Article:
Auditory and Audiovisual Reception of Words in Low-Frequency Noise by Children with Normal Hearing and by Children with Impaired Hearing Common words (monosyllables, trochees, spondees) were presented in low-frequency noise to children who attempted to detect their acoustic patterns or to recognize them under a range of acoustic speech-to-noise (S/N) ratios. Both profoundly deaf (−10 dB) and severely hearing-impaired children (−17 dB) required higher S/N ratios for auditory detection of ... Research Article
Research Article  |   September 01, 1971
Auditory and Audiovisual Reception of Words in Low-Frequency Noise by Children with Normal Hearing and by Children with Impaired Hearing
 
Author Affiliations & Notes
  • Norman P. Erber
    Central Institute for the Deaf, St. Louis, Missouri
Article Information
Research Articles
Research Article   |   September 01, 1971
Auditory and Audiovisual Reception of Words in Low-Frequency Noise by Children with Normal Hearing and by Children with Impaired Hearing
Journal of Speech, Language, and Hearing Research, September 1971, Vol. 14, 496-512. doi:10.1044/jshr.1403.496
History: Received September 9, 1970
 
Journal of Speech, Language, and Hearing Research, September 1971, Vol. 14, 496-512. doi:10.1044/jshr.1403.496
History: Received September 9, 1970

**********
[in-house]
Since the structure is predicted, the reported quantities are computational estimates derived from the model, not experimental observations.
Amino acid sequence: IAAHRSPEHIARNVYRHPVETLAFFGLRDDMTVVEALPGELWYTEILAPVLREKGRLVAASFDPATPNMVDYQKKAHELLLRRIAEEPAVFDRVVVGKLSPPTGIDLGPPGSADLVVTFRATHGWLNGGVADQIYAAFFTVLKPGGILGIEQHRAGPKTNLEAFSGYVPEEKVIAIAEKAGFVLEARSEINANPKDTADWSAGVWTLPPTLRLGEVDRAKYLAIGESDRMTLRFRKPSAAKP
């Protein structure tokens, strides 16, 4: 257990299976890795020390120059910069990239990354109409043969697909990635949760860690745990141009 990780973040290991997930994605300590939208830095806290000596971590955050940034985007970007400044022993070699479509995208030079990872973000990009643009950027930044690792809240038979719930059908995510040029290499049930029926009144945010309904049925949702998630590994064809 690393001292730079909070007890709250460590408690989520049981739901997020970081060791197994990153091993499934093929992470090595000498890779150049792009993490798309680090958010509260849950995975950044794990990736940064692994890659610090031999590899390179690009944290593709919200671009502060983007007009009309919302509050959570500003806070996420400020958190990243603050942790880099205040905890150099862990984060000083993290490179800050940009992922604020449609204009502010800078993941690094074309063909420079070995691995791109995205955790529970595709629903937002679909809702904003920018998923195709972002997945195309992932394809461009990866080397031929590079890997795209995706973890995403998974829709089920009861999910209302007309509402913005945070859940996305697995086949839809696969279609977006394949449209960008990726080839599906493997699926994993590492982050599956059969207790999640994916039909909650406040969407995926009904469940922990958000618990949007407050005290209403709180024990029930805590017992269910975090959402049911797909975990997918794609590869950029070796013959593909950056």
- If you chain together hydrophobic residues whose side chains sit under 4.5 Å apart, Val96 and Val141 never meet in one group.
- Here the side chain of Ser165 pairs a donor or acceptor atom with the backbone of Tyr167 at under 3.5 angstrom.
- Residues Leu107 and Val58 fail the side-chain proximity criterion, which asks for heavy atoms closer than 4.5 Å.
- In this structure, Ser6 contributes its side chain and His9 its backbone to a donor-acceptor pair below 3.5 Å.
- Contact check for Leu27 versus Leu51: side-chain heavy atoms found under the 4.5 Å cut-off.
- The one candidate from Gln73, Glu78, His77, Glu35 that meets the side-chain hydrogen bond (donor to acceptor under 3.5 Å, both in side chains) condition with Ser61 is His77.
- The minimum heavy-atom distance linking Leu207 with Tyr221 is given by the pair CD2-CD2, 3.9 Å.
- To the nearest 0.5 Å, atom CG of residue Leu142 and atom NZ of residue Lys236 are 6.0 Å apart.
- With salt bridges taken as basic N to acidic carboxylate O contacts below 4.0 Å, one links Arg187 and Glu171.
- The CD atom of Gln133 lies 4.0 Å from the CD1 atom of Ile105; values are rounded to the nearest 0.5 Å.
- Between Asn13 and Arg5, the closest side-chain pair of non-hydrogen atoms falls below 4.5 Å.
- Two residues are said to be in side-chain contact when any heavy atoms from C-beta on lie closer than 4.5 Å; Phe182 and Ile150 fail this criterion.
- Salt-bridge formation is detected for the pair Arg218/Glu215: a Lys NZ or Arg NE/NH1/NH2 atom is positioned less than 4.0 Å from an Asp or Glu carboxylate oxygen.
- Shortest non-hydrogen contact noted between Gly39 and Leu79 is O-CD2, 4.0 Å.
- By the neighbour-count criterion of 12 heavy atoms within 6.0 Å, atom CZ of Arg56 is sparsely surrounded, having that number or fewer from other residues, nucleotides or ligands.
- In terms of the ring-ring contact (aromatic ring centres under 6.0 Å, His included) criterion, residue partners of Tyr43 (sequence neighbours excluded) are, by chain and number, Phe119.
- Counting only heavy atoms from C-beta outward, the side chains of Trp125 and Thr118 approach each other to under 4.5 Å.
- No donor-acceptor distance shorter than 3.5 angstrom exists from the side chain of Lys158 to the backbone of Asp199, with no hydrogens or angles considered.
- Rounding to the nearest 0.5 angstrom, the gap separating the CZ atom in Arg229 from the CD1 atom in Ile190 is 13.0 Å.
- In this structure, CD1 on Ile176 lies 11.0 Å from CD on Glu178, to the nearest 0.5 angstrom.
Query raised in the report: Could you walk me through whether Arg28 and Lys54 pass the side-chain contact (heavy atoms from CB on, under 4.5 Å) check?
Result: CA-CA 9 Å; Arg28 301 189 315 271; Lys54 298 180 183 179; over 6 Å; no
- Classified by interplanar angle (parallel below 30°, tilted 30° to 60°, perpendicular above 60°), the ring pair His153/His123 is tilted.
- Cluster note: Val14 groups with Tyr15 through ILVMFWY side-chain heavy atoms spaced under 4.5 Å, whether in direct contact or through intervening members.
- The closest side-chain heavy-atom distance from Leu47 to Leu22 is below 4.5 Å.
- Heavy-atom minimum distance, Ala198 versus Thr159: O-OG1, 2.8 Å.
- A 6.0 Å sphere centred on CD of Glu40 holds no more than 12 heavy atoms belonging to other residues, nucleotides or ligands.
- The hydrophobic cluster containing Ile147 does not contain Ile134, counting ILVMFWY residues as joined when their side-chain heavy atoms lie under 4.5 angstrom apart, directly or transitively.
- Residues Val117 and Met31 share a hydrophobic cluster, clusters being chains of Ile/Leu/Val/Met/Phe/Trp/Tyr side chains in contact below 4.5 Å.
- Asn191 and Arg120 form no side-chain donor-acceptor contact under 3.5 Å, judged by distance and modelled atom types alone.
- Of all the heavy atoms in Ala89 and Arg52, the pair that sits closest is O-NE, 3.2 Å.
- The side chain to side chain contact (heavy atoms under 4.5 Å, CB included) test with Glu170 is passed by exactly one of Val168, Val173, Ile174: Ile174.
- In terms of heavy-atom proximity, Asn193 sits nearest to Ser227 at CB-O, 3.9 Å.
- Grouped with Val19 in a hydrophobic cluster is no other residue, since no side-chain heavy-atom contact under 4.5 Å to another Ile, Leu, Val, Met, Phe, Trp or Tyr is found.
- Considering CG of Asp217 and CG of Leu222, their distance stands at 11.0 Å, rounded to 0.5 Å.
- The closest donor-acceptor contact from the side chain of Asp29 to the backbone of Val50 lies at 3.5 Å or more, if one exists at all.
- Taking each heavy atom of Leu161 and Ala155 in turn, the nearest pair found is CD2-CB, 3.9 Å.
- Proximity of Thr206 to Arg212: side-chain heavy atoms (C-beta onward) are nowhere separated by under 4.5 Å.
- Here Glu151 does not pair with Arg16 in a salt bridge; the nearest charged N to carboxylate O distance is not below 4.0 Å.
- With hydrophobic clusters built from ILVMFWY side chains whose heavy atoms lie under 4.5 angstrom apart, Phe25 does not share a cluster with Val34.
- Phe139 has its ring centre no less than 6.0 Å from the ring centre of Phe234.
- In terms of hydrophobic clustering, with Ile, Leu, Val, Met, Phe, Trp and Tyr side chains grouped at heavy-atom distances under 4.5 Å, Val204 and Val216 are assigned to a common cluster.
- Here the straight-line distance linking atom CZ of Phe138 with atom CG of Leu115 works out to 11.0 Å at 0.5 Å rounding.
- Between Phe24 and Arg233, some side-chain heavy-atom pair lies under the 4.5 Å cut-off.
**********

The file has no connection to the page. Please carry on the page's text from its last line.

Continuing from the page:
Common words (monosyllables, trochees, spondees) were presented in low-frequency noise to children who attempted to detect their acoustic patterns or to recognize them under a range of acoustic speech-to-noise (S/N) ratios. Both profoundly deaf (−10 dB) and severely hearing-impaired children (−17 dB) required higher S/N ratios for auditory detection of words than did children with normal hearing (−23 dB). The normals (92%) were superior to the severely hearing-impaired group (57%) in auditory recognition of words in noise, while the deaf group (3%) were unable to recognize words by ear alone. The deaf group were poor even at classifying the stimulus words by stress pattern. Provision of acoustic cues increased the audio-visual (AV) scores of normal-hearing and severely hearing-impaired subjects 54% and 33% respectively above lipreading alone, but it improved the lipreading performance of profoundly deaf subjects only 9%. Improvement in AV recognition depended for all groups upon their detection of acoustic cues for speech. The profoundly deaf children achieved their maximum AV scores only at a higher S/N ratio (+5 dB) than that for the severely hearing-impaired group (0 dB), who in turn required a higher S/N ratio for maximum AV recognition than did the normals (−10 dB).

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